Welcome to our Journal. Here you will find personal musings + happenings + travelogues + outtakes. Feel free to check-in every now and then to see what we are up to.


They say New York City is a melting pot. But I imagine it more as a trifle, layers of people neatly stacked on top of each other. And some of those layers are hard to dig up.

Last January, in the inaugural throes of what was to be an interminably long winter, Adam and I had the privilege of once again collaborating with Kinfolk Magazine on the production of their latest release, Issue 8. The summer edition would be departing from its standard American fare to focus almost exclusively on Japanese culture and lifestyle, and given our city's international flagship status, we took on the assignment of featuring Japanese creatives who, like us, had decided to call NYC their home.

Except, then, we couldn't find any. At least, not any that were ogling for time in front of the camera.

I should clarify here and mention that we did meet a variety of talented Japanese individuals (many of these through Stephen of Sri Threads to whom we owe a tremendous thanks). But, as we soon found out, many of them were extremely reticent to broadcast their talent and success. This, in of itself, is extremely rare in New York. After all, this is a place where calling yourself a "promoter" is a legitimate career path and the first question out of a new acquaintance's mouth is "What do you do?" Clearly, New Yorkers, the adopted kind and the natural born, are not shy to talk about themselves.

We also faced the puzzling absence of a communal meeting point, a neighborhood, for the equivalent of a Chinatown, or Little Italy, or K-Town, does not exist for the Japanese community. One acquaintance attributed this to the transient nature of most Japanese in the city: they come to study or work and then, eventually, they leave. Those that stay often assimilate into the mainstream, thereby decreasing the possibility that a neighborhood, like the Polish in Greenpoint or the Puerto Ricans in Bushwick, will develop into a subculture.

Still, we persevered and with the help of our friends, convinced (and connived) six different and amazingly talented expats to let us showcase their work and lives. Below, we've assembled a variety of outtakes from the shoots we conducted with Ayaka, designer behind the eponymous jewelry line, Ayaka Nishi; Makoto Suzuki, famed Brooklyn chef who's on his way to building an empire of eateries in the borough (Samurai Mama being one of these); Hiroko Takeda, a textile designer; Risa Nishimori, heir to the Togei Kyoshitsu ceramic studio; Jun Aizaki, architect and founder of Creme Design; and Masamichi Udagawa, cofounder of the revered industrial design studio, Antenna Design.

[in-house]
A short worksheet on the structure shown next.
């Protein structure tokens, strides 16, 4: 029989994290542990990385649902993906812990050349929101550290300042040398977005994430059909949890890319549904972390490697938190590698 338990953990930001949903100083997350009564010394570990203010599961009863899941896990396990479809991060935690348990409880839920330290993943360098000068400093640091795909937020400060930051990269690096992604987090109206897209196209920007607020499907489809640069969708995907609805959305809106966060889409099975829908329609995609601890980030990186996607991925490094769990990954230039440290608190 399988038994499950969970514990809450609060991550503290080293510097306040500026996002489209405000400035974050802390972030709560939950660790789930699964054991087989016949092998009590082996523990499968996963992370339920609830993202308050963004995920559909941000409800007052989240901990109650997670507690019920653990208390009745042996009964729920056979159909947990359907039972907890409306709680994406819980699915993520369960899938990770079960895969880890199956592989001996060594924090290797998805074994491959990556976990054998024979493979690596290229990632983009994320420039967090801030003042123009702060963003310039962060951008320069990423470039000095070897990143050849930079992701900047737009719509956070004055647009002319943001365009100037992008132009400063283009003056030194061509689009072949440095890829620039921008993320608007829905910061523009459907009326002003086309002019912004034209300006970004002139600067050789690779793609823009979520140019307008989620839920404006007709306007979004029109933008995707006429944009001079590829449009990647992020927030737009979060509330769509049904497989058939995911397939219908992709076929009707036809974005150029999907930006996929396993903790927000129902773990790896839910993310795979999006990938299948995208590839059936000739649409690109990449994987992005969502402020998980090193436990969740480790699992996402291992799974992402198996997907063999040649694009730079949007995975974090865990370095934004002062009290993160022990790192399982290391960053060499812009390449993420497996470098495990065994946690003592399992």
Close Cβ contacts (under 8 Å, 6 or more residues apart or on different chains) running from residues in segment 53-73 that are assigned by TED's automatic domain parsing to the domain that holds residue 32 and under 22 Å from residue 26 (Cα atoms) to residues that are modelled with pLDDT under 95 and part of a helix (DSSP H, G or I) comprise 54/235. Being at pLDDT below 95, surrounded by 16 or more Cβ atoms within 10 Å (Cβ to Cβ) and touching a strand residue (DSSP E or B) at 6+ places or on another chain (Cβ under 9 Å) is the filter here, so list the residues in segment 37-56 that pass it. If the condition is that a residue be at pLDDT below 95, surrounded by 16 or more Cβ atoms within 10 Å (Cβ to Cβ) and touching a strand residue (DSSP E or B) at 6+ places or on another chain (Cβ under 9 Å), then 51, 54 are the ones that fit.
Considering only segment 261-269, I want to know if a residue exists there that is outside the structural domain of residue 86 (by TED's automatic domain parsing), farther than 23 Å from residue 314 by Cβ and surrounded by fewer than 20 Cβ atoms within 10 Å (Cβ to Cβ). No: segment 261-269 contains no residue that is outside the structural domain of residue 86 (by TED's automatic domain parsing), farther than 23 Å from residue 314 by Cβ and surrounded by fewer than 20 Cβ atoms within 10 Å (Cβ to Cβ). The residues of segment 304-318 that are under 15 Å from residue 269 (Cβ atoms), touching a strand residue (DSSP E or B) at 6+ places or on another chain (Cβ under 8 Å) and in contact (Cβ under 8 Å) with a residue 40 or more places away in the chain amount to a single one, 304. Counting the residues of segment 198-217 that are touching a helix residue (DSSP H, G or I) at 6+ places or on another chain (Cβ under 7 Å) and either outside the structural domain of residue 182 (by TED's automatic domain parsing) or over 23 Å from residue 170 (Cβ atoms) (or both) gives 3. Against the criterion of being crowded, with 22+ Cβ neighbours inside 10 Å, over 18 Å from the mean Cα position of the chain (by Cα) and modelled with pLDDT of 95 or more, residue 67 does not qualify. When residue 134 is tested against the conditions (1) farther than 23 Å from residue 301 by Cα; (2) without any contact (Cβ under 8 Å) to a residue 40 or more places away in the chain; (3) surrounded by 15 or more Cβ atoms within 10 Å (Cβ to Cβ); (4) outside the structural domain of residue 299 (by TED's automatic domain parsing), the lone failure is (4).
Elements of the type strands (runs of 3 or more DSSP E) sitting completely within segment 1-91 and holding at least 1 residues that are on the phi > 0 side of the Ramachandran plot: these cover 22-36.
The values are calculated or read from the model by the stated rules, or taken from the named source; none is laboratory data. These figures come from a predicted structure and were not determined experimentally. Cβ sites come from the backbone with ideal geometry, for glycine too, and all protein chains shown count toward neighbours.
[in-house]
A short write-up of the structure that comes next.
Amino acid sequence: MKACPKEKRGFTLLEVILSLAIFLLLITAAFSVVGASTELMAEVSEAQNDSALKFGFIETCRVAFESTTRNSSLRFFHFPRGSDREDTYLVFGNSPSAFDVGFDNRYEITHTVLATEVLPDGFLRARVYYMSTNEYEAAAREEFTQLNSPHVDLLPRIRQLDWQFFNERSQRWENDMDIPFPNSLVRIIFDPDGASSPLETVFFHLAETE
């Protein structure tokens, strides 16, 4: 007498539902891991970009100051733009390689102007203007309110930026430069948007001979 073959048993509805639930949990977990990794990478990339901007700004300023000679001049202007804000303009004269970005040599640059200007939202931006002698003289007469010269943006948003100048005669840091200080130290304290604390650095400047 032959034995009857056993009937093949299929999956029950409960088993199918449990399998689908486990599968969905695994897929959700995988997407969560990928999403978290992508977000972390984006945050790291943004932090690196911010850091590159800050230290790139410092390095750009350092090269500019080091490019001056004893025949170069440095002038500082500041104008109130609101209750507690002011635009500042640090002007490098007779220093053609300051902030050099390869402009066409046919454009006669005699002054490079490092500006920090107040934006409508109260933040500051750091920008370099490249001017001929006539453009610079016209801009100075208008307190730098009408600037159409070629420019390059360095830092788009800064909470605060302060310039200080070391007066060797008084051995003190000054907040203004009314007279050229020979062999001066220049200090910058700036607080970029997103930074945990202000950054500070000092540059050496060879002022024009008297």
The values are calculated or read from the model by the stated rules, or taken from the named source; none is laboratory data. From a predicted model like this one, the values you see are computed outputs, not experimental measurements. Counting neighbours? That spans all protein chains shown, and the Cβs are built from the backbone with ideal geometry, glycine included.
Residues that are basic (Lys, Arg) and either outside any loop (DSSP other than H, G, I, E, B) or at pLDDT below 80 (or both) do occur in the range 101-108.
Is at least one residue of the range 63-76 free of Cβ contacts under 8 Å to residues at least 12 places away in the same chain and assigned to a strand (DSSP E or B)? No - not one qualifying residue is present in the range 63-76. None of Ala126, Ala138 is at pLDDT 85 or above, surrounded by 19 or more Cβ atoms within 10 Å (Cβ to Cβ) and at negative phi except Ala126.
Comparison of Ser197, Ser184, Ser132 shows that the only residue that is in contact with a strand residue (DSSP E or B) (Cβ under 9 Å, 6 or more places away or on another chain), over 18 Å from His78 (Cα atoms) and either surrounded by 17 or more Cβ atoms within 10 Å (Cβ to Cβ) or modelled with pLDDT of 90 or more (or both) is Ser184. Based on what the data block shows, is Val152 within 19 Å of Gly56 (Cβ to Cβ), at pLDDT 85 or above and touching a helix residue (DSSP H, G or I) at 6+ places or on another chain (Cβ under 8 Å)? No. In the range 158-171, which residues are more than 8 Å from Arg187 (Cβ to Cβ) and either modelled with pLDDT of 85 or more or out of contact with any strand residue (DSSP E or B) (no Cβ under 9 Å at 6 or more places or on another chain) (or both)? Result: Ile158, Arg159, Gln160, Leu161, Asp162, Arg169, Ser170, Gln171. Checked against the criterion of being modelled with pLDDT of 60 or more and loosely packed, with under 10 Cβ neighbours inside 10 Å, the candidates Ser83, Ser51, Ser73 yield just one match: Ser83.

Rachel and I are thrilled to have an 8 page spread in the latest issue of The Weekender. We've long been fans of this German based magazine that focuses on travel, nature, food and the home. So imagine our surprise when they reached out for us to do a follow up to our previous profile of Adrienne Antonson. How could we say no?

To purchase the magazine and see more images from issue 8, please visit The Weekender.


This past Christmas Adam and I flew the coop and went home to Spain. This is more my home than Adam's (I grew up there until age 18), but I have an inkling that Madrid, with its bottomless "cafe con leche," Tempranillo-soaked tapas and utter disregard of Daylight Savings, took this man of mine into its bosom. He may lack a certain shrillness when he speaks, but his "R's" are rolling.

For the past six winters I have made the homeward trek to be with my parents and siblings -- first from PDX, now mostly from JFK. At first, the re-entries were immediate and life, as it used to be, was easily conjured back. Now the process is more ragged, those Spanish colloquialisms suddenly blank, like the poster-less walls in my bedroom. My sister tells me the doors are closed once all of us leave. I suppose it's to keep out the dust.

Since there are four siblings, it takes a mathematical equation, a leap year even, to get us back together, especially now that the youngest is the only one in school. There are careers, spouses and soon-to-be spouses. It feels more foreign to write this than to hop on a plane and fly six hours. Still, there is one salivating constant throughout all of our comings and goings: the family dog, Mendigo (aptly named so for his beggarly, crumb-abiding ways). When illusions of adulthood become too real, I am comforted to know that this mutt is the only one to trigger any maternal instincts. Children of my own are still far off; I can relax.

This last Christmas Mendigo turned twelve. He is a fine-looking dog, no matter what the scoffers say, and he's borne his age with dignity. Only a smattering of grey hairs feathering his chin give his true age away. Still, the question lurks. Will he be the same when I return, God knows when? Will he still be scratching at the door when I bound up those familiar steps, by then a married woman? Will he still have a lap to call his home once I've made my home with another?

2013 bodes full of promise, but I still ask one more thing: Mendigo, please stick it out.


In early Spring 2012, Rachel and I collaborated on a shoot for Kinfolk Magazine. It was a welcomed change of pace for us to create content for someone else. The experience was very rewarding and we look forward to creating more content for Kinfolk.

If you haven't picked up the latest volume, please do. It would make a great stocking stuffer.

Bread provided by SCRATCHbread